/Klobuchar jumps into 2020 race
Klobuchar jumps into 2020 race

Klobuchar jumps into 2020 race

Sen. Amy KlobucharAmy Jean KlobucharKlobuchar addresses reports of staff mistreatment after launching 2020 campaign Klobuchar hits back at Trump: ‘Looking forward to debating you about climate change’ Klobuchar says she will kick off campaign in Wisconsin, alludes to 2016 controversy MORE (D-Minn.) on Sunday announced that she’s running for president in 2020, becoming the fifth U.S. senator to jump into the race to defeat President TrumpDonald John TrumpTrump to sign executive order promoting artificial intelligence Trump’s new Syria timetable raises concern among key anti-ISIS allies Trump officials considering Mar-a-Lago for next meeting with China’s Xi: report MORE.
Standing on a snow-covered stage in Boom Island Park in Minneapolis, where the temperatures had dipped to a freezing 14 degrees, Klobuchar announced her candidacy while invoking her family’s deep roots in the Midwest, a key battleground for Democrats as they look to rebuild their blue wall in Michigan, Wisconsin and Pennsylvania.
“Today on an island in the middle of the mighty Mississippi … I stand before you as the granddaughter of an iron ore miner, as the daughter of a teacher and a newspaperman, as the first woman elected to the United States Senate from the state of Minnesota, to announce my candidacy for president of the United States,” Klobuchar announced to a cheering crowd of onlookers.
The three-term senator laid out her vision for the country in a number of policy areas. She pledged to “take on the gun lobby,” root out corporate money in politics, commit to environmentally friendly policies, lower health care costs, restore voting rights and implement privacy protection laws.
She did not mention Trump by name, but alluded to him when she declared the country deserved better than “foreign policy by tweet.”
“Our sense of community is fracturing across our nation, warn down by the petty and vicious nature of our politics,” she said. “We are tired of the shutdowns and the showdowns, of the gridlock and the grandstanding. Today, on this snowy island, we say enough is enough.”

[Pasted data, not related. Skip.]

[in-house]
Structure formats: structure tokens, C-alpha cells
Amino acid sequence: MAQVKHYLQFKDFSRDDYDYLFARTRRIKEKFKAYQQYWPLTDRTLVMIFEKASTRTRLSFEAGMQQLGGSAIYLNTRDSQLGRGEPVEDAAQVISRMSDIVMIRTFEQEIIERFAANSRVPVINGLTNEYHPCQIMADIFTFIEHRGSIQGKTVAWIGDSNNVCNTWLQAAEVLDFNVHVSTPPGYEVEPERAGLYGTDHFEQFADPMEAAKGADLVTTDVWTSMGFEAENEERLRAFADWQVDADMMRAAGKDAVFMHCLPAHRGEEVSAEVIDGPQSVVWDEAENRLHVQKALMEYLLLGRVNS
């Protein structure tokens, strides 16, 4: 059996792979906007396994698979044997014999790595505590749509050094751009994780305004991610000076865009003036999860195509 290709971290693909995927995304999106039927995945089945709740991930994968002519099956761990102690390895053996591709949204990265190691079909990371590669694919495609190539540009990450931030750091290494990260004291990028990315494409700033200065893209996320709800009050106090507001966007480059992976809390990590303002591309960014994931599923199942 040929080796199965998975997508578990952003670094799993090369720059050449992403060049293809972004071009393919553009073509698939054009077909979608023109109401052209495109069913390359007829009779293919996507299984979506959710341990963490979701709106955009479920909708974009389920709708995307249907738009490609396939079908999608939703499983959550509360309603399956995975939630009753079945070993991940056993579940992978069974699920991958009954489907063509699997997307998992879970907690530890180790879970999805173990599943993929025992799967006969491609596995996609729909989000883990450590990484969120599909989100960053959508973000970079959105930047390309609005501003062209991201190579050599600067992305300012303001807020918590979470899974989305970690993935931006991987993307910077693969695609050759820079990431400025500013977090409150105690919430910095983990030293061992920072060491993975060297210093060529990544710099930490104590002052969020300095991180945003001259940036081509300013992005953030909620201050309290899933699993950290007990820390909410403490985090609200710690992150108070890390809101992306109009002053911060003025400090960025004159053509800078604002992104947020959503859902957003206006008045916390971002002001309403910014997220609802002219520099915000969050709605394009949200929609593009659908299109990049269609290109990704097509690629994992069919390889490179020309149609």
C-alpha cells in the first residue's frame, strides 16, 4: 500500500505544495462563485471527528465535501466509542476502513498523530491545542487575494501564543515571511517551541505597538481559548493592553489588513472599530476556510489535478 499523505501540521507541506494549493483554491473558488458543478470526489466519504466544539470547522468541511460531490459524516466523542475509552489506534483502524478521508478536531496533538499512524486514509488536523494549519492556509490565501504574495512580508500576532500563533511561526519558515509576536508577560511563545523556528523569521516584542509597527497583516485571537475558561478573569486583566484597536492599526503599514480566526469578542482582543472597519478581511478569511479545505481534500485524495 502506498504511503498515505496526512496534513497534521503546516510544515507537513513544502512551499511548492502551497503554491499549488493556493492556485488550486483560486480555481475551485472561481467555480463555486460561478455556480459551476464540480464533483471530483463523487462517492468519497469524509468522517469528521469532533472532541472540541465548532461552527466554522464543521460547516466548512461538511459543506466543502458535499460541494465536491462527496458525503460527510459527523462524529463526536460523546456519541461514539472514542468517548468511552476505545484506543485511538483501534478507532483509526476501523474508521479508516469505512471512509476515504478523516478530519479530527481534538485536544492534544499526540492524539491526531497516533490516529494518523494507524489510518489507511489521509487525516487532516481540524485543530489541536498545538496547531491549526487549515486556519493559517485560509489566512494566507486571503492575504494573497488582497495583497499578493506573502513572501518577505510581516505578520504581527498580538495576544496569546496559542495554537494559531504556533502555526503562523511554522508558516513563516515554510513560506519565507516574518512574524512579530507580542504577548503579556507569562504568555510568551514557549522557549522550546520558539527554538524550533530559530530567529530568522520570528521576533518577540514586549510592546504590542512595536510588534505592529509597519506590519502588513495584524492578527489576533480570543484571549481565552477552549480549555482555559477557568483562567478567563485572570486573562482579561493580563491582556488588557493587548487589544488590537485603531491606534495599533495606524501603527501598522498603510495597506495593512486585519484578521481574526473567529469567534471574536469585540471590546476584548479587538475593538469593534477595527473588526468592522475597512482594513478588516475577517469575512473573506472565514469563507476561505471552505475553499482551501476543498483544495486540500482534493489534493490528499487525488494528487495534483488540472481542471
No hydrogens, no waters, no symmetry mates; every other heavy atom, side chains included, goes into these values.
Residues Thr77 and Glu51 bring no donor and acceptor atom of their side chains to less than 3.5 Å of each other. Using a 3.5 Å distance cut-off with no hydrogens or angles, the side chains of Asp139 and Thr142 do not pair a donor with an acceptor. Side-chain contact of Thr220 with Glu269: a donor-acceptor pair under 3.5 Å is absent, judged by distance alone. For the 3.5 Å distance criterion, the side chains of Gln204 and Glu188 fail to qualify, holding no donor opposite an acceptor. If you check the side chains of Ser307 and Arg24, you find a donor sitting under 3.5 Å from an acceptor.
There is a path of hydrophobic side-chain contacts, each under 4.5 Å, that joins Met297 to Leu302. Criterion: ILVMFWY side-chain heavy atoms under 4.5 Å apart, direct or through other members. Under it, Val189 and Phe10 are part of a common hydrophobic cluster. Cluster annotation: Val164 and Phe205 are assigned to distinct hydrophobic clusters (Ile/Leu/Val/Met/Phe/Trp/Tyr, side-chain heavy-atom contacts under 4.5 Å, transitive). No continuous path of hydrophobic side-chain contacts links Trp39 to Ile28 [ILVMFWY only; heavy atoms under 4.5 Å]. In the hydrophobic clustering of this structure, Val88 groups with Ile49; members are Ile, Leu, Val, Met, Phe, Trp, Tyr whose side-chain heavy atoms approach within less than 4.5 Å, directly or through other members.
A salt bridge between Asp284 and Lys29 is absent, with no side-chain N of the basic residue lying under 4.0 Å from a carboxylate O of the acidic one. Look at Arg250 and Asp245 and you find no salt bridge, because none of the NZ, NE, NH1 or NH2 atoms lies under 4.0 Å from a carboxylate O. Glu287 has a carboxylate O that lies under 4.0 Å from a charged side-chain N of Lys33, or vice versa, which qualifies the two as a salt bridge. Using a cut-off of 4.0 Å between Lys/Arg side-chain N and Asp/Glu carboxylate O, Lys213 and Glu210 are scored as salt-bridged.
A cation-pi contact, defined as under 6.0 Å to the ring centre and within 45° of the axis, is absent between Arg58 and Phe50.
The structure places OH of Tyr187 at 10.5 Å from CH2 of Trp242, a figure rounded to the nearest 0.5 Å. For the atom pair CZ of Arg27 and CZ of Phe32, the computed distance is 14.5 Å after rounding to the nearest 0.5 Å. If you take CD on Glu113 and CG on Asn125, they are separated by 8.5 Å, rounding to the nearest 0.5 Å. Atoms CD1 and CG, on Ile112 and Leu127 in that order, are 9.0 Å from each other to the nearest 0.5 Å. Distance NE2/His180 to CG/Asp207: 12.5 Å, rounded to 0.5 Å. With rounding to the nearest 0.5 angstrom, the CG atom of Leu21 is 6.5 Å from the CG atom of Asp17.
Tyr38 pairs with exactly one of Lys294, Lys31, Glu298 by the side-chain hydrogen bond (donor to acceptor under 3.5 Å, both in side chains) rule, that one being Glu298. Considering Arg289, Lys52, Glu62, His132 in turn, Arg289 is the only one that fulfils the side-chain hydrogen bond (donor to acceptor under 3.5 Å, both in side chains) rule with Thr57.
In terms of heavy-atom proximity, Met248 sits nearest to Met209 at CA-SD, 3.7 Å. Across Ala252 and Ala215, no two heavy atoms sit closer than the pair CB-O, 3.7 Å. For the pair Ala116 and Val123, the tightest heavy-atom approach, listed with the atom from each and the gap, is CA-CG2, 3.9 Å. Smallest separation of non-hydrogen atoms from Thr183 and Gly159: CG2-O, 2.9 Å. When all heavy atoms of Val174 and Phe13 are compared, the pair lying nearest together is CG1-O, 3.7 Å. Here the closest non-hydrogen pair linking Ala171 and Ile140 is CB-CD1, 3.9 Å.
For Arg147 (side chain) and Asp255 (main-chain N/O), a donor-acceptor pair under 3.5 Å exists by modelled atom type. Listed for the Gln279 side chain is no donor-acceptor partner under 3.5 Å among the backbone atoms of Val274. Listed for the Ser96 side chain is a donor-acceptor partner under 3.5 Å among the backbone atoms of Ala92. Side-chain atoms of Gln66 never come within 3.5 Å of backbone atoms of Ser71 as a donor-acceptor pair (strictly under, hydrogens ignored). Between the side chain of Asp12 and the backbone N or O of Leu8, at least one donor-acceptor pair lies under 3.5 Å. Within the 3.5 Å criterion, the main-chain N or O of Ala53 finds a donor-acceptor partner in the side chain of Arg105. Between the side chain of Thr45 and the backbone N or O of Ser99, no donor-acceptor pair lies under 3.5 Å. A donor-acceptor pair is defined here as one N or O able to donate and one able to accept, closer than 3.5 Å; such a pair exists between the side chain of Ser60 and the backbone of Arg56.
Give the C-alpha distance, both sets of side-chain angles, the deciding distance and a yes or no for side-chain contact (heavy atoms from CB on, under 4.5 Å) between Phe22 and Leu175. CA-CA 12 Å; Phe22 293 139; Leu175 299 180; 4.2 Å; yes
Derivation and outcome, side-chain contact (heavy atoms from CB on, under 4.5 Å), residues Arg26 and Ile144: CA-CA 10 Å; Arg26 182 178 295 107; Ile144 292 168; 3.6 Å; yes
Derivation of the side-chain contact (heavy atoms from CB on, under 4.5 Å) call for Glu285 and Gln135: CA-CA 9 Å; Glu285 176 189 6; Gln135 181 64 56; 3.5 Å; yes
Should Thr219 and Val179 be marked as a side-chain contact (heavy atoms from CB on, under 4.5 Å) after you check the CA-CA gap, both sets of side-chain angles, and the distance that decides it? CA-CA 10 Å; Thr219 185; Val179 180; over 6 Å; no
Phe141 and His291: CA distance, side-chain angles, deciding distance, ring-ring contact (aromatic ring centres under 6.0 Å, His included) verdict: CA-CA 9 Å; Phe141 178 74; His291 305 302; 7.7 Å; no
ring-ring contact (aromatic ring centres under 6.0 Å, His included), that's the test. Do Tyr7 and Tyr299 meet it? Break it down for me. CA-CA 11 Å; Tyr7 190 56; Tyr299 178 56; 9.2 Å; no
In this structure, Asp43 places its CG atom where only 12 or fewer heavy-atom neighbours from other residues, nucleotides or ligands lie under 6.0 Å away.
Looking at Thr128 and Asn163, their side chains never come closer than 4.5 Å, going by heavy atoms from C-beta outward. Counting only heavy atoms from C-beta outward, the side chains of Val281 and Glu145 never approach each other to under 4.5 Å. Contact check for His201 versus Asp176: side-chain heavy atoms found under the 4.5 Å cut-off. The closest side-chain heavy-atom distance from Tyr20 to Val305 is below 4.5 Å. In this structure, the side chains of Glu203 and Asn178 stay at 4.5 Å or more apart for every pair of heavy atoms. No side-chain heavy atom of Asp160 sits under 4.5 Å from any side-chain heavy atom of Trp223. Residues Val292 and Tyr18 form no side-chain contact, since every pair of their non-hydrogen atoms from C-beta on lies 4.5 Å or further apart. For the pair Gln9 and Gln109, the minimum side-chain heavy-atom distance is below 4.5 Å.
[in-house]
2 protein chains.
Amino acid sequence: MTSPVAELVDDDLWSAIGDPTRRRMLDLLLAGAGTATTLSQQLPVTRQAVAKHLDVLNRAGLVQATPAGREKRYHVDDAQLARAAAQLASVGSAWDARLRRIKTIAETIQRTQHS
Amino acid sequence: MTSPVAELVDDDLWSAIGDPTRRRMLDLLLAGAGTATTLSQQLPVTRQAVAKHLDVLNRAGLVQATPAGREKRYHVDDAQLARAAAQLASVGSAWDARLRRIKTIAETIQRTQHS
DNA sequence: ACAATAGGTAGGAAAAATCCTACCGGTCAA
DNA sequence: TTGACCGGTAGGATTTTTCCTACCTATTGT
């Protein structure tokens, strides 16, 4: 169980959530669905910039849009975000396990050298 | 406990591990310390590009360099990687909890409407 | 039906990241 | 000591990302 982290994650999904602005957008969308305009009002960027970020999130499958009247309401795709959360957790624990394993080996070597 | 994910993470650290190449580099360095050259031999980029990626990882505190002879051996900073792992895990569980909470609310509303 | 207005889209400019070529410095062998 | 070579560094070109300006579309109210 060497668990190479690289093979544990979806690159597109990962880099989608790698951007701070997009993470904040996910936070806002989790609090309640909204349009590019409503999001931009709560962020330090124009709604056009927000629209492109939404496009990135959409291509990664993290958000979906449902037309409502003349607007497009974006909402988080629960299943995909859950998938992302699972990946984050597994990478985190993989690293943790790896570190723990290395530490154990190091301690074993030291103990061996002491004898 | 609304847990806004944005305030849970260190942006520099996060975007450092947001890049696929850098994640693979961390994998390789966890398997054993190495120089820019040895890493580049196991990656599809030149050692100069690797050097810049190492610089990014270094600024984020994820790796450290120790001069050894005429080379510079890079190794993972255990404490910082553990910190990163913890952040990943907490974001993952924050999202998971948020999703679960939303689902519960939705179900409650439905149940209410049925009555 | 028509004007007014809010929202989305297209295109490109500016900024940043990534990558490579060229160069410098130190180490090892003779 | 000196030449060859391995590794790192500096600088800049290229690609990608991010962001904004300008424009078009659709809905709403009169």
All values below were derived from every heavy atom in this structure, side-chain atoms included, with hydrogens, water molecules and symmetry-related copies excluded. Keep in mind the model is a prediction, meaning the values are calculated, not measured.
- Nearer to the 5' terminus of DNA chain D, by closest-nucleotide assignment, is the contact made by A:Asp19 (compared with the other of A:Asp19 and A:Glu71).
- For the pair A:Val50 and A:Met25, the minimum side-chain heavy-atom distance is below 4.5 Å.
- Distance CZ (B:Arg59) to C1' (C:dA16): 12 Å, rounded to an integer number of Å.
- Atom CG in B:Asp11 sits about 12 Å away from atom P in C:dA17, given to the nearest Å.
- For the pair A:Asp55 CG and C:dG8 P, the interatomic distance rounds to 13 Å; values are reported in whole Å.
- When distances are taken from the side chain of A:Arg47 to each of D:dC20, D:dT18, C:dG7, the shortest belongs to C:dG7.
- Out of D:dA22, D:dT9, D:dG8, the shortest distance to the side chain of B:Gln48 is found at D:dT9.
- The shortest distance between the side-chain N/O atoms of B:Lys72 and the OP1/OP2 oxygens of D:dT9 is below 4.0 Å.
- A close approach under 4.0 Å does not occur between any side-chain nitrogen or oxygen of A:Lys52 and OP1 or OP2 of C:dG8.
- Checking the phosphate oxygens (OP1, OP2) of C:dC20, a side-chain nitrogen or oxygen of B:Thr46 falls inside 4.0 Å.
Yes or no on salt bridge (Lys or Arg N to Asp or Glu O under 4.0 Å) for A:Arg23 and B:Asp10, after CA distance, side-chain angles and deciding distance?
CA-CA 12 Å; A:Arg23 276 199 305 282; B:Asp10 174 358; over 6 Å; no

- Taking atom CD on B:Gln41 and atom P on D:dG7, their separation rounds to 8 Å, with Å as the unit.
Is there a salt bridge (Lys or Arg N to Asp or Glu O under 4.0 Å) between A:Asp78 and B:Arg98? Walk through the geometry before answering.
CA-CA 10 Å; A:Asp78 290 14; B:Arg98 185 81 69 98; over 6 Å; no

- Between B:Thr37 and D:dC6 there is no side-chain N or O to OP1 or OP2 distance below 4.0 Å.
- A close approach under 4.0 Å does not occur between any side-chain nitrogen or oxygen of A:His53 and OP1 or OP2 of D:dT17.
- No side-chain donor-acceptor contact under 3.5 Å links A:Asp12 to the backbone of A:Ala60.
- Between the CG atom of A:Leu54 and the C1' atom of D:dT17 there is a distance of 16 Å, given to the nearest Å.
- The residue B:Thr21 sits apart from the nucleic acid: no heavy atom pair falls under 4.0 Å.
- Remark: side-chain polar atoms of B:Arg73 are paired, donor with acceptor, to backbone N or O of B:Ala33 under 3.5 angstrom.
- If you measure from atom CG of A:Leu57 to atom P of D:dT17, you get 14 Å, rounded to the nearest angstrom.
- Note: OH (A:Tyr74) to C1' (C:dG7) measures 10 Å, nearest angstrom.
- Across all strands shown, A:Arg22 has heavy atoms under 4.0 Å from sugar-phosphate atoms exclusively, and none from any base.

With her announcement, Klobuchar also became the second presidential candidate to hail from the Midwest.
Klobuchar has been considering a presidential campaign and was seen as signaling a likely bid when reports came out that she’ll be headlining a local Democratic banquet in Iowa on Feb. 21.
She joins a crowded field seeking the Democratic nomination in 2020, including Sens. Cory BookerCory Anthony BookerKlobuchar addresses reports of staff mistreatment after launching 2020 campaign Klobuchar hits back at Trump: ‘Looking forward to debating you about climate change’ Klobuchar says she will kick off campaign in Wisconsin, alludes to 2016 controversy MORE (D-N.J.), Kirsten GillibrandKirsten Elizabeth GillibrandKlobuchar addresses reports of staff mistreatment after launching 2020 campaign Klobuchar hits back at Trump: ‘Looking forward to debating you about climate change’ Gillibrand becomes latest candidate scrutinized for how she eats on campaign trail MORE (D-N.Y.), Elizabeth WarrenElizabeth Ann WarrenKlobuchar addresses reports of staff mistreatment after launching 2020 campaign Klobuchar hits back at Trump: ‘Looking forward to debating you about climate change’ Klobuchar says she will kick off campaign in Wisconsin, alludes to 2016 controversy MORE (D-Mass.) and Kamala HarrisKamala Devi HarrisKlobuchar addresses reports of staff mistreatment after launching 2020 campaign Klobuchar hits back at Trump: ‘Looking forward to debating you about climate change’ Klobuchar says she will kick off campaign in Wisconsin, alludes to 2016 controversy MORE (D-Calif.).